Friday, September 28, 2007

Friday flowers

I found the name of the red rose (see below image of the rose) and added another prolifically blooming bush type apricot/salmon pink rose which I don't have the name of because it didn't have a tag.

"Home Run (TM) Rose", Rosa "WEKcisbako' PPAF
Rosa Home Run (TM)

A few flowers blooming in our yard this Friday morning. The wild aster was a surprise, hidden by taller plants. The salvia keeps blooming prolifically. This plain red rose is such a great bloomer too but the real attraction is the gorgeous deep red color, so I had to add two images of the flower. I'm surprised the Buddleja davidii 'Black Knight' is still blooming and nearby, a black millet sprouted from seeds dropped from the bird feeder which I thought was interesting because all the other millet are green in color. Two toad lilies Tricyrtis happily blooming in the shade and the black cohosh after the main stalk finished it is the side stalks turn, and the flowers are still very fragrant.

Monday, September 24, 2007

Sorbus, mountain ash

This small mountain ash is growing in some uncleared land next to our water tower. The leaves are an attractive dark green and the flowers are dark coral which eventually turn into dark purple colored drupes which compliments the dark green leaves very nicely. I have looked through a couple of books but have not identified what kind of Sorbus it is.

The I tried to dig up a small tree which was actually a sucker and planted it in a pot but it did not survive the winter. It's probably best to just admire it as I pass by almost daily on the dog walk because it does sucker readily and eventually creates a small grove.

When I looked up Sorbus in the botanical books I found that there are many different varieties with different characteristics. Many had very attractive white, pink and yellow fruit. I have not seen very many different Sorbus in the nurseries or planted in people's yards. I wonder why?

Friday, September 21, 2007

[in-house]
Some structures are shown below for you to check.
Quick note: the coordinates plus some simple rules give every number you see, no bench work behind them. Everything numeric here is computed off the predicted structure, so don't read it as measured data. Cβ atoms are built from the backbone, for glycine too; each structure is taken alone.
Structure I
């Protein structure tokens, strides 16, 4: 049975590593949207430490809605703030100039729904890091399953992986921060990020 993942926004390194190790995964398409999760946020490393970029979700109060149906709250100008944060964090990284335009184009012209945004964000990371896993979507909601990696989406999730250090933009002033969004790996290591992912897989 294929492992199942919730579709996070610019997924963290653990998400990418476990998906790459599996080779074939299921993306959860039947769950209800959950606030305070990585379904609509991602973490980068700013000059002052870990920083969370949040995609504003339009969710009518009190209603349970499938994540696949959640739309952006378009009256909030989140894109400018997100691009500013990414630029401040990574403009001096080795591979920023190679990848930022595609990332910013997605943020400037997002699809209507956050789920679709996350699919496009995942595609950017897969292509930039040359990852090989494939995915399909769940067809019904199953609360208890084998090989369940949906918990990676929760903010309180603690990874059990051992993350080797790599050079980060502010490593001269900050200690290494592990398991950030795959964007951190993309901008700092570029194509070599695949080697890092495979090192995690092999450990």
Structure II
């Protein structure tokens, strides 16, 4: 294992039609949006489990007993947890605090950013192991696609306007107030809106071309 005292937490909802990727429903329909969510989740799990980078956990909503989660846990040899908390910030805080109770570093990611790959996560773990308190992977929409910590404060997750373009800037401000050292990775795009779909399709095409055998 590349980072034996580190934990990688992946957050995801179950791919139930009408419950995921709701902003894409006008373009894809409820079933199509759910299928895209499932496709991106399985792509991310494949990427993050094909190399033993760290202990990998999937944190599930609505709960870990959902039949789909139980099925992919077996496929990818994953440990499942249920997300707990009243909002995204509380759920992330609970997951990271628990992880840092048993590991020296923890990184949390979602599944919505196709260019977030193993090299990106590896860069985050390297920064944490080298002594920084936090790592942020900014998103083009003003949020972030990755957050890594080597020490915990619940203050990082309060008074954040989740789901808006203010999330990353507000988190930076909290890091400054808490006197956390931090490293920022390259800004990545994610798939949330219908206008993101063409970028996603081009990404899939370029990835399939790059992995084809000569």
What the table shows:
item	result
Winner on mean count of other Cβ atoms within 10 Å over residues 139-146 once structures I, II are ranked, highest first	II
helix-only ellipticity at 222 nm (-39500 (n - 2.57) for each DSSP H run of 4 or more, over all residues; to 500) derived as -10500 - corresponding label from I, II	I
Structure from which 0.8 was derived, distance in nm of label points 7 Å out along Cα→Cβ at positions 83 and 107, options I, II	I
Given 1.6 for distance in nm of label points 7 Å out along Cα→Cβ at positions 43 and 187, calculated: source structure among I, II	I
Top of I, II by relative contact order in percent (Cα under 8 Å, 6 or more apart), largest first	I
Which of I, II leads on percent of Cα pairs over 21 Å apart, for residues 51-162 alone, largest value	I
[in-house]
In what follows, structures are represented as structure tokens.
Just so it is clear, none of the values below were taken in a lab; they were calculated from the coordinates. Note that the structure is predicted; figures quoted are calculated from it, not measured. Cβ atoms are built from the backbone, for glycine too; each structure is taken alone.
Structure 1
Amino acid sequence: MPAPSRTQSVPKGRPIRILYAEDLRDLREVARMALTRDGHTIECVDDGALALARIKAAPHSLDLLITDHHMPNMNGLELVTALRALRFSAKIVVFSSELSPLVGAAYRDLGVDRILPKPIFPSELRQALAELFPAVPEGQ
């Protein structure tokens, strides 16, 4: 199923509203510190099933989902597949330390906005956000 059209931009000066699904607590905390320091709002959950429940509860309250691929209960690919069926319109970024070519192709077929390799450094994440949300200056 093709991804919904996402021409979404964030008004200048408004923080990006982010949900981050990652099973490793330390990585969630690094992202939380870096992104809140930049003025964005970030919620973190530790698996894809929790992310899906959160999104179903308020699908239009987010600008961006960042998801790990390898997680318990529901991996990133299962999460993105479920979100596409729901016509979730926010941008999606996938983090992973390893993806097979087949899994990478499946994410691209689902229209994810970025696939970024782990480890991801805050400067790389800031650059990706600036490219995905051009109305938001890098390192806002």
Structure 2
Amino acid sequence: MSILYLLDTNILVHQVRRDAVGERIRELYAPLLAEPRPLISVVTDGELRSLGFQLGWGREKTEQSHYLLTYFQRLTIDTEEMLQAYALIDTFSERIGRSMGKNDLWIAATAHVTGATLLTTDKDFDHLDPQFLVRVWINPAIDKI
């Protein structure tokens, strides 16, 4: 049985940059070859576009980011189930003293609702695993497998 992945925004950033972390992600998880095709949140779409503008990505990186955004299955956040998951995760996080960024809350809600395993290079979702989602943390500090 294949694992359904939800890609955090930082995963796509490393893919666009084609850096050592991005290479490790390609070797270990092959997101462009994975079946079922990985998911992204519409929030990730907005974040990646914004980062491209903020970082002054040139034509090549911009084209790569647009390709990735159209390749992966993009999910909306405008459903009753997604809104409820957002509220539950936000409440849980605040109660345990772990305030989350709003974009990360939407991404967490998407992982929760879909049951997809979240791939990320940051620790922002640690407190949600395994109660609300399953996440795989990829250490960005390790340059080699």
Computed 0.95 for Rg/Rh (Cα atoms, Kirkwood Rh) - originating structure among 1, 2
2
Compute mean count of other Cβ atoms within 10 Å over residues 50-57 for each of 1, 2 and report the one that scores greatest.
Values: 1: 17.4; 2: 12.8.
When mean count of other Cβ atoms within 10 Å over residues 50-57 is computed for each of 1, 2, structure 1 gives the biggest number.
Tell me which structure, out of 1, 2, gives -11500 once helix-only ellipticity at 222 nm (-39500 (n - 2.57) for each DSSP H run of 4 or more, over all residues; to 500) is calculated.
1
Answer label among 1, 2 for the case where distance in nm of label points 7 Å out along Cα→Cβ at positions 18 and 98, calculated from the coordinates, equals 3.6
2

Weird larvae or caterpillar? Common Cattle Grub larvae??

I did an online search and it may be the Common Cattle Grub larvae Hypoderma lineatum or Hypoderma bovis the Northern Cattle Grub both also known as, heel flies, warble flies, bomb flies, or gad flies. The name Gad fly comes from "gadding" the wild running of cattle when the fly buzzes as it deposits its eggs on the hapless beast. Warbles are the larval stage of the Cattle Grub. See this website for more information. Or this site for a photo and description.

We don't have cattle or horses anywhere close to where we live so I don't know how the larvae appeared on the street one house away from us. The nearest horse facility is about 5 miles away and though there is a small farm about 1/4 mile away, I haven't seen any large animals there. When the woman who lived on the farm had a corn stand, I remember she said they kept a goat and maybe a sheep or two but no other livestock. So it is a mystery how this larvae came to be where it was found since the hosts are "mainly cattle and Old World deer but they have been known to parasitize horses and humans"* too.

A note about parasitism: The cattle grub would be considered a endoparasite because it lives inside the body of the host. An ectoparasite is one that lives on the outside of the body like ticks, fleas, lice etc. An epiparasite parasitizes another parasite.